In these essays, you will find scholarship that gives depth and context to the routine linkages made between food and sex in contemporary culture, for example in the concept of “food porn.” The term food porn is used to describe hyper-exaggerated visual images of food designed to stimulate appetites which, ironically, the images cannot satisfy. In the food porn aesthetic, as journalist Cari Romm points out in her recent Atlantic article, the glossier, the gooier, and the stickier, the better.
On the flip side, marketing campaigns depict female food celebrities like Nigella Lawson and Padma Lakshmi as consumable objects, on par with the foods they prepare. Advertisements show them stuffed into body-hugging angora sweaters and satiny dresses, like Vienna sausages wrapped in Pillsbury biscuit dough to make pigs in a blanket.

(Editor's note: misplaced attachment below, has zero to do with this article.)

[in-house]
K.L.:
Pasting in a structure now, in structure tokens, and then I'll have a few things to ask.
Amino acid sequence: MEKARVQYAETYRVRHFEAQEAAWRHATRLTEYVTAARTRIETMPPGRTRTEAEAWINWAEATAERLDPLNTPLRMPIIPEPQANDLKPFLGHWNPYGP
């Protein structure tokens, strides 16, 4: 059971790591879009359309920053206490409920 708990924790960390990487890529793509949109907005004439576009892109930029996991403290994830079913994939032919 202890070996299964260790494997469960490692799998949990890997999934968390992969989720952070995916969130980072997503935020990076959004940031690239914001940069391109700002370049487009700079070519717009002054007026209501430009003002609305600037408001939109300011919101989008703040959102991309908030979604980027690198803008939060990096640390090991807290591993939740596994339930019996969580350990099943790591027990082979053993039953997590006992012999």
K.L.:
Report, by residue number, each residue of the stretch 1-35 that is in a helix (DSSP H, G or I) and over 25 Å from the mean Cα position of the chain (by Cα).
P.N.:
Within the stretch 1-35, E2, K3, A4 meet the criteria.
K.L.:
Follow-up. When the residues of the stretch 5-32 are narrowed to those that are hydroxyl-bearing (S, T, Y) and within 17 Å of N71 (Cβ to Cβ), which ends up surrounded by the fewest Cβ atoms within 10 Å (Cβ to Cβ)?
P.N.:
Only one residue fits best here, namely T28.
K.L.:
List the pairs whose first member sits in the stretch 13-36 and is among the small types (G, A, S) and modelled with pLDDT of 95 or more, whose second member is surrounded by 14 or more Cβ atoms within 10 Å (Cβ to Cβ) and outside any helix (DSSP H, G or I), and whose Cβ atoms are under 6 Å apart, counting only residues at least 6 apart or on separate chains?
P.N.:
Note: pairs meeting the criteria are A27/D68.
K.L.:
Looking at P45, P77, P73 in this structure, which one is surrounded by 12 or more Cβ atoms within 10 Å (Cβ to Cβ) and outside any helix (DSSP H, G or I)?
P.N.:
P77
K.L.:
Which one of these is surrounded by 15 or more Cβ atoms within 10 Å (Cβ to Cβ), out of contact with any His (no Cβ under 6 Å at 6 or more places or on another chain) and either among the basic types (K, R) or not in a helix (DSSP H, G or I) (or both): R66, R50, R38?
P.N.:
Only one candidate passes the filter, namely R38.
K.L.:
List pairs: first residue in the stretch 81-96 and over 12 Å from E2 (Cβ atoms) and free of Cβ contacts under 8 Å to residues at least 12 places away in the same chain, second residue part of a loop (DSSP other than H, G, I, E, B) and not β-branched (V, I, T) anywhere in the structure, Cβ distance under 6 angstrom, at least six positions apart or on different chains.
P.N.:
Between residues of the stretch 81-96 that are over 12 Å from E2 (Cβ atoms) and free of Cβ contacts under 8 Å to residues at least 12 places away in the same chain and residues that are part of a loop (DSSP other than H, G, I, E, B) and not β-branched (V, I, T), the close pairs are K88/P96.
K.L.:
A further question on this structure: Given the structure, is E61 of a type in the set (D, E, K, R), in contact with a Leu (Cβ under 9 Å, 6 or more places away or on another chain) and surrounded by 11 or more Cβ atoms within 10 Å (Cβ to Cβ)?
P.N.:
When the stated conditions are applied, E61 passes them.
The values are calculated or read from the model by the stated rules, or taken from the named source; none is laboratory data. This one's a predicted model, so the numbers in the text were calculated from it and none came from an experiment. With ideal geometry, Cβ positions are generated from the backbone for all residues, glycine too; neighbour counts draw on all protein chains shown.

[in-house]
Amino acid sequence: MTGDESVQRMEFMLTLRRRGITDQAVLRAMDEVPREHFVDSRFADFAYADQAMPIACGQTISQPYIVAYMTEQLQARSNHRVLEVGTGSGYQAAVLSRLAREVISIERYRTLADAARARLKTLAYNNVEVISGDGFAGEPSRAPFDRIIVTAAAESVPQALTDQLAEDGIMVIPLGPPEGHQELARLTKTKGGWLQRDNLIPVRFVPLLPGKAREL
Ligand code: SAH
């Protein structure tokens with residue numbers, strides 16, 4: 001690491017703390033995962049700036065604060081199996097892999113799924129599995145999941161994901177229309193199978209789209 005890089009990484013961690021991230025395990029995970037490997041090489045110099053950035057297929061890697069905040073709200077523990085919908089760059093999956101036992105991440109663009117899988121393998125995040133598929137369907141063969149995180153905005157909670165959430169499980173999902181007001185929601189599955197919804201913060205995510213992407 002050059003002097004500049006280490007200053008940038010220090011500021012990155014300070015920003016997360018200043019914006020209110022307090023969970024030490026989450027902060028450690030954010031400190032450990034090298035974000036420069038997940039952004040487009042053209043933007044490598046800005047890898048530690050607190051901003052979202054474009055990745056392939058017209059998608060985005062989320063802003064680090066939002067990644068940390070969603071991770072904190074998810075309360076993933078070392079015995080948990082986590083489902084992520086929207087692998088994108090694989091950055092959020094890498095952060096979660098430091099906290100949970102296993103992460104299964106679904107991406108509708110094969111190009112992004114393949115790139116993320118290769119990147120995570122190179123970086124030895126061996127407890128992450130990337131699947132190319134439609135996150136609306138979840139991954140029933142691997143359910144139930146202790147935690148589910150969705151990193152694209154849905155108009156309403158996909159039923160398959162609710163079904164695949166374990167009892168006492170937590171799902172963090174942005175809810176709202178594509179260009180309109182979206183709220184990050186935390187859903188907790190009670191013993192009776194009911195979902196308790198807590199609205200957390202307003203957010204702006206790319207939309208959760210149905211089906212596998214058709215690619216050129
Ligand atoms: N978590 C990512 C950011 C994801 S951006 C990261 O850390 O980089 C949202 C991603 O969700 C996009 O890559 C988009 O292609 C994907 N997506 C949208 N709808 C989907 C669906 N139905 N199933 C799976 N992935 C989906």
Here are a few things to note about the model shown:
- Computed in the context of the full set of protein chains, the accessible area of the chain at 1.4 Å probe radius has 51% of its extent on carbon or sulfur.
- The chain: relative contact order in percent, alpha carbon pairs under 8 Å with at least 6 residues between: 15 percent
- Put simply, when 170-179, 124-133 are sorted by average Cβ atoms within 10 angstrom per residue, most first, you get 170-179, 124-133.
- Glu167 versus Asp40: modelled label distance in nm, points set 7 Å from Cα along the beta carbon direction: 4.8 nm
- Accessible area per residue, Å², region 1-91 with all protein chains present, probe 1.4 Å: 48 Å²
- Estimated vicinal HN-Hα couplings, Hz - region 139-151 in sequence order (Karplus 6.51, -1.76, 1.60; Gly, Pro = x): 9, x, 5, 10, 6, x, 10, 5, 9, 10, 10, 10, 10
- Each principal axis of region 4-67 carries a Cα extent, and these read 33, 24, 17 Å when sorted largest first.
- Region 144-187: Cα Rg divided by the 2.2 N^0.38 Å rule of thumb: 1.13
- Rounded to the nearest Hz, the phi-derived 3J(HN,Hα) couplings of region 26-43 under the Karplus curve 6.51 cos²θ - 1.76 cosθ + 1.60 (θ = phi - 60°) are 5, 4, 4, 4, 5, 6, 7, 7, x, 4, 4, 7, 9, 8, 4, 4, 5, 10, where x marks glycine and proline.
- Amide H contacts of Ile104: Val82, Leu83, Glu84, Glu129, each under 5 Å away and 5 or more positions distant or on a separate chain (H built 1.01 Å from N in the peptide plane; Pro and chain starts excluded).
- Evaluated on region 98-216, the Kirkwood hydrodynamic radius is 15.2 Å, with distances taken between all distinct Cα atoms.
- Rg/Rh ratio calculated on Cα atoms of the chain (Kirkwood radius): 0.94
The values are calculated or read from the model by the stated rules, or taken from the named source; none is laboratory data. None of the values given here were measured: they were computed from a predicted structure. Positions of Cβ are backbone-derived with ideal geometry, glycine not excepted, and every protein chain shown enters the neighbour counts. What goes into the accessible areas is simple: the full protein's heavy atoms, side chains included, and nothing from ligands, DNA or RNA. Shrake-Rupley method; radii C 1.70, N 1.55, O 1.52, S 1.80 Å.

The essays in this series provide us with the critical tools to examine the conjunctions of food and sexuality that extend beyond popular depictions linking fast food and women’s bodies as tasty commodities in the capitalist marketplace. The series extends in time and place from pre-Hispanic Mexico, through turn-of-the-century Finland, to mid-twentieth century Wisconsin. The authors examine the conjunction of food and sex in myth, language, religion, literature, and the home, as well as in the marketplace. And finally, they identify a wide range of emotional dynamics linking food and sex, encompassing not only pleasure, but also revulsion, nostalgia, and fear.
A note on pleasure and fear: As Carole Vance famously asserted in her 1984 collection, Pleasure and Danger, sexuality provokes ambivalent yet extreme responses. This argument is echoed by sociologist Priscilla Parkhurst Ferguson’s 2014 work Word of Mouth, which observes that a similar ambivalence haunts humanity’s relationship to food, since any delicious forkful might put our lives in danger. The essays in this series don’t shy from these poles; they launch courageous expeditions into both negative and positive feelings.